GM – FBF – Today’s American Champion was an American surgeon and civil rights activist. In his position at Harlem Hospital he was the first African-American on the surgical staff of a non-segregated hospital in New York City. He was influential for his medical research as well as his efforts pushing for racial equality in medicine and involvement with the National Association for the Advancement of Colored People (NAACP), which he served as chairman for nearly two decades.Today In Our HISTORY – July 23,1891 – Louis Tompkins Wright, MD, FACS (July 23, 1891 – October 8, 1952) , was born in LaGrange, Georgia.Born in LaGrange, GA, Louis Tompkins Wright, MD, FACS, was exposed to the harsh realities of being African American in the southern United States during a turbulent, racially charged time in U.S. history. But Dr. Wright was also exposed to the presence of achievement within his own family. His father, Ceah Ketcham Wright, MD, was born a slave, but pursued education and received a medical degree—as valedictorian of his class—from Meharry Medical School, Nashville, TN. After Dr. Louis Wright’s father died, his mother, Lula, remarried another African American physician, William Fletcher Penn, MD, who was the first African American medical graduate from Yale University, New Haven, CT.With encouragement from his stepfather, Dr. Wright applied to Harvard Medical School Boston, MA. However, his experience in seeking admission to the institution was not free from controversy. Upon visiting the school for his interview, the interviewer—Channing Frothingham, MD—realized that the applicant was African American and had attended “Clark University in Atlanta, a school that offered elementary, high school, and university instruction to blacks—not the Clark University in Worcester, MA.”1 After convincing Dr. Frothingham to have his abilities tested, tests that deemed the future Dr. Wright as having “adequate chemistry for admission to this school,” he was admitted and earned a medical degree—cum laude and graduated fourth in his class.1Following medical school, his internship applications at three major Boston medical institutions were rejected, which led him to take a position at Washington, DC’s Freedman’s Hospital, now Howard University Hospital. He eventually went on to join the U.S. Army, and served as first lieutenant in the Army Medical Corps, stationed in France, where he was given charge of the surgery wards at a field hospital. At the end of his military career, he was discharged as a captain and was given a Purple Heart after a phosgene gas–based German assault.Dr. Wright went on to have an illustrious career, serving at Harlem Hospital in New York City for more than three decades, from 1919 to 1952. During that period—the height of the Jim Crow era—he was a trail blazer for the rights of African American medical personnel. For both his scientific work and his civil rights activism, he received many honors and awards.Dr. Wright’s affiliation with the American College of Surgeons (ACS) began in 1934 when he was admitted as a Fellow of the organization—an admission that brought much debate and division among ACS leadership and members. While African American surgeons did apply for Fellowship in the College and for membership in other national surgical and medical societies, issues of race often resulted in controversy and discord.However, the cause of getting African American surgeons into the ACS was one that Dr. Wright was willing to face and he became part of a group that actively worked to assist the process of admitting more black surgeons into the College. Ultimately, the effort was successful and by the end of 1950, at least 38 black surgeons had gained ACS Fellowship. Research more about this great American Champion and share it with your babies. Make it a champion day!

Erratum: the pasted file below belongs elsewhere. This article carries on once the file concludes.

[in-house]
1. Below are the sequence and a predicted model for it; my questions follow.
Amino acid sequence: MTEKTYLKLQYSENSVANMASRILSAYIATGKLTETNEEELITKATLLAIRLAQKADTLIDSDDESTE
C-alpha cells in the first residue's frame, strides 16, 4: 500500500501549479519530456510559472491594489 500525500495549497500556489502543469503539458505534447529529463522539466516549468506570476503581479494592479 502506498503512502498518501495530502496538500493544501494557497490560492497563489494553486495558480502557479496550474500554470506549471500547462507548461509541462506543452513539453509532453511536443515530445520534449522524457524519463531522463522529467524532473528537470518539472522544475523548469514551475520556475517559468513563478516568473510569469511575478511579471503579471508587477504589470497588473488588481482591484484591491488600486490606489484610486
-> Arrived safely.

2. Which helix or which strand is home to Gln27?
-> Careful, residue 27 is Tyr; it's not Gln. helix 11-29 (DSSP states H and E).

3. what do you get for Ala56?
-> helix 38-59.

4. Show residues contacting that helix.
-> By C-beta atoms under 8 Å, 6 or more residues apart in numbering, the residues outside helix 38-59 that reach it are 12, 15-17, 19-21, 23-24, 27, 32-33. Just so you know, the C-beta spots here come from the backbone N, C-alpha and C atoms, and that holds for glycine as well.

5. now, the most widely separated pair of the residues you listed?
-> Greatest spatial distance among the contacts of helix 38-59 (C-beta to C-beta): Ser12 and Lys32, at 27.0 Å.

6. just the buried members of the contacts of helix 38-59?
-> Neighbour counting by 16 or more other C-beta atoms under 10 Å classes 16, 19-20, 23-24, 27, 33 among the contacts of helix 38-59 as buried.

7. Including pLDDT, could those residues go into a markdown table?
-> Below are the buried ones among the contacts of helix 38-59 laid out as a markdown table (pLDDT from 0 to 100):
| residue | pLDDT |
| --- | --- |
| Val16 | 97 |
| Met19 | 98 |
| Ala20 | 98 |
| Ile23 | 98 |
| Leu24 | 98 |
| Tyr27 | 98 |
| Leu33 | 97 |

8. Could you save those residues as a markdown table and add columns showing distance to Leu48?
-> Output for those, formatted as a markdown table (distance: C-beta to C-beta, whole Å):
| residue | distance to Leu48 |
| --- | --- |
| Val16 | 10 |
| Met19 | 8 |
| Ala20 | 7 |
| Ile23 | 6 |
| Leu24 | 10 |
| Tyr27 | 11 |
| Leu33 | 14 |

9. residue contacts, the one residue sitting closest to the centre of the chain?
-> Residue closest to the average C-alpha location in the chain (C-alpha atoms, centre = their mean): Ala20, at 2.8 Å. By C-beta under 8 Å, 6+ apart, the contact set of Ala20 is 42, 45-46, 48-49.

GM – FBF – Today’s American Champion was an African American member of the Muscogee (Creek) Nation, best known for being the “Richest Colored Girl in the world” or the “millionaire girl a member of the race”